“You always make dictators strong, then wonder why you are not loved!”
An American ambassador (Marlon Brando) in the troubled southeast Asian nation of Sarkhan is surprised to learn that his former war buddy (Eiji Okada) is now a Communist, though Okada professes he is simply longing for national self-determination on behalf of his people.
Genres, Themes, Actors, and Directors:
- Cold War
- Marlon Brando Films
- Pat Hingle Films
- Political Corruption
This unusual entry in Marlon Brando’s oeuvre — directed by his friend George Englund — is loosely based on a 1958 political novel of the same name by Eugene Burdick and William Lederer, about “the failures of the U.S. diplomatic corps in Southeast Asia.” Indeed, the fictional country where this film takes place (shot largely in Thailand) is a thinly veiled depiction of Vietnam, and the tale aptly showcases the complexity of politics in such a nation, which is far from as black-and-white (i.e., Communism vs. Democracy) as Ambassador MacWhite (Brando) naively believes. Some of the initial sequences are quite effectively done — as when an American foreman overseeing construction of “Freedom Road” is murdered while giving a patronizing lesson to a local about the difference between a wrench and a “lench”:
… and the scene when Brando’s arriving car at the airport is seriously mobbed by a crowd of violent anti-American agitators.
Brando’s friendly reunion with an old war buddy (Okada) is less convincing, and quickly turns melodramatically sour, as we get to the gist of the narrative: Brando becomes convinced Okada has “turned Commie”, while Okada tries to explain that the construction of Freedom Road simply represents additional power for the prime minister, Kwen Sai (Kukrit Pramoj), courtesy of “the tanks that Wall Street sells.”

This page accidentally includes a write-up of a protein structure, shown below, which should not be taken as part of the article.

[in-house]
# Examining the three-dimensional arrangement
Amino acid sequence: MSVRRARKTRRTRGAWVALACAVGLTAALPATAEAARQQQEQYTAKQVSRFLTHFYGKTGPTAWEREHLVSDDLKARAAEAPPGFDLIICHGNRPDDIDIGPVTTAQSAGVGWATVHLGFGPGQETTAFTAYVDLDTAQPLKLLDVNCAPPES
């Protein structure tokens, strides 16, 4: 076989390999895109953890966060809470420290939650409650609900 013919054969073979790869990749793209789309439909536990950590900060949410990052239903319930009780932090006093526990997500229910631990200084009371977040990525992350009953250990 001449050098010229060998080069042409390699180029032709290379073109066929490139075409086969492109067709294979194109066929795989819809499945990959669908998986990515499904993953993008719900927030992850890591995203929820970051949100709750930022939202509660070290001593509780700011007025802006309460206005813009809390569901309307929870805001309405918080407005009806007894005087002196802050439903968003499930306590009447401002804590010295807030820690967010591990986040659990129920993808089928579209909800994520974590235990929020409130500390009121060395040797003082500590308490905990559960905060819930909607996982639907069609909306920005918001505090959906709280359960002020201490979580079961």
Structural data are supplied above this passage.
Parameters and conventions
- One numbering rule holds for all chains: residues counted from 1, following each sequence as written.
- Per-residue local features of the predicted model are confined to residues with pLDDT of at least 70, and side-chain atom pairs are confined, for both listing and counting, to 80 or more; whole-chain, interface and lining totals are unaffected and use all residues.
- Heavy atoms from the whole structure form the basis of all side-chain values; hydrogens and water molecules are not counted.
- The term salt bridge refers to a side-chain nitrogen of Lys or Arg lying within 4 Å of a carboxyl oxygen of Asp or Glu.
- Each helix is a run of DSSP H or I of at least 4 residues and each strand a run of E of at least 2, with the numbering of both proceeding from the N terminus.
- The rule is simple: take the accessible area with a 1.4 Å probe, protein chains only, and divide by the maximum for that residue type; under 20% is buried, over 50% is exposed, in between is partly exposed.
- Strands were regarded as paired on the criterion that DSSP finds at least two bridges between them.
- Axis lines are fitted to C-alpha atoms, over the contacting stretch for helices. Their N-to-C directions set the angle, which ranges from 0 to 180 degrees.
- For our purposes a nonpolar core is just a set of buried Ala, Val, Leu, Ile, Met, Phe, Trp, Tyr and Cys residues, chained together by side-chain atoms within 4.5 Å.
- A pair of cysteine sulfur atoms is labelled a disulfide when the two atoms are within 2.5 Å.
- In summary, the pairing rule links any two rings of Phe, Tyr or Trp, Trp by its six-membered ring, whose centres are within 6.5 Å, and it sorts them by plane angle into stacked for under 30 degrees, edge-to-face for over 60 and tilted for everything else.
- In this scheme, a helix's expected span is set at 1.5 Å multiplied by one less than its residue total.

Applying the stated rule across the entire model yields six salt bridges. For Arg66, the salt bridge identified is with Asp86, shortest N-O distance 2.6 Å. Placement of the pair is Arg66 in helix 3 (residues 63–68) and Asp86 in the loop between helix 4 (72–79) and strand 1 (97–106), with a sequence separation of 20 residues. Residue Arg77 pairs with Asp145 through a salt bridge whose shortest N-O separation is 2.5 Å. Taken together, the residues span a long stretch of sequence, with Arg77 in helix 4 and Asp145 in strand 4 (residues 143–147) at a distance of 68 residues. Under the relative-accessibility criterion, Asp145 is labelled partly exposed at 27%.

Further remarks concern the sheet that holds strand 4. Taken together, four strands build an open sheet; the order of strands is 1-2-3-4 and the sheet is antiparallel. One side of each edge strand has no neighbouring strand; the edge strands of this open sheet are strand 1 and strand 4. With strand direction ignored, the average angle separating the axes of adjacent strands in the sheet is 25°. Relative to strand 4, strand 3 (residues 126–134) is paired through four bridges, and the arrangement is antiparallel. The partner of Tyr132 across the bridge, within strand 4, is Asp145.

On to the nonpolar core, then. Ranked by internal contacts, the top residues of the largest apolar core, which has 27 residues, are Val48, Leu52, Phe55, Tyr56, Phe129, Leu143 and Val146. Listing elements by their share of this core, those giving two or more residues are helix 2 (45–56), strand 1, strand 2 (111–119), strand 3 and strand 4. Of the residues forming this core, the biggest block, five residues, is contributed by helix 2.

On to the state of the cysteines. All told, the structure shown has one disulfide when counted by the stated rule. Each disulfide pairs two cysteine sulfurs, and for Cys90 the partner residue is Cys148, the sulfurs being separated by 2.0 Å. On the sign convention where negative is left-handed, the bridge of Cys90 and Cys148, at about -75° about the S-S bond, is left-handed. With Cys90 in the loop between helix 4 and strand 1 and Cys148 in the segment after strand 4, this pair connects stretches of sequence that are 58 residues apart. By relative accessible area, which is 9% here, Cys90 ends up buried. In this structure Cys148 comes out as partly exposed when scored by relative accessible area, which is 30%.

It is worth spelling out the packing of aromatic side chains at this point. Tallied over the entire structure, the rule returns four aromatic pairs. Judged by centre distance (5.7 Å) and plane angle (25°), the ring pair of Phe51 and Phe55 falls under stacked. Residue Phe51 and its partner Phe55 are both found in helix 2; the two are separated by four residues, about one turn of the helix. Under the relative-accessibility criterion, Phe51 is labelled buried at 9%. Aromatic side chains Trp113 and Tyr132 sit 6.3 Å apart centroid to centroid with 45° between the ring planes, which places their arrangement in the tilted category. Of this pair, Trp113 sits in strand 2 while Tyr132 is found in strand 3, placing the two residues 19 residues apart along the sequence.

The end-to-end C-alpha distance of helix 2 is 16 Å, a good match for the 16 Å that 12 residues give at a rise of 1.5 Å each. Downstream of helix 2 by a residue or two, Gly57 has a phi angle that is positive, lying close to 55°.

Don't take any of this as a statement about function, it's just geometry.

Meanwhile, we see do-gooding Americans like Pat Hingle’s Homer Atkins and his wife Emma (Jocelyn Brando) attempting to bring Western medical practices to the poverty-ridden nation:
… and Brando’s loyal wife (Sandra Church) ready and willing to provide him whatever support he needs.
DVD Savant describes this Universal Studios-produced film as “a noble stab at reality”, and that just about sums it up. It’s not must-see viewing but will likely be of interest to Brando fans.
Notable Performances, Qualities, and Moments:
- Marlon Brando as Ambassador MacWhite
- The impressively filmed riot sequence
No, though Brando fans will likely want to check it out.
One thought on “Ugly American, The (1963)”
First viewing (6/12/22). A once-must for its subject matter.
This is a film which deserves more attention among ffs. It’s an illustrative example of how larger nations move in on smaller ones for ideological or financial gain. It has a somewhat complex script made accessible in its main points. It seems to me a brave move to produce this kind of film in mainstream cinema.
My understanding is that the original novel is better (not an uncommon reality, of course) and even more complex, which suggests that the film is too watered-down. Even so, the film makes a strong-enough stand to make it worth a look and raise audience awareness of these kinds of dynamics (and maybe lead viewers to the source material).
Brando has one of his more interesting roles as a man who finds out too late that his pride and ego steered him wrong.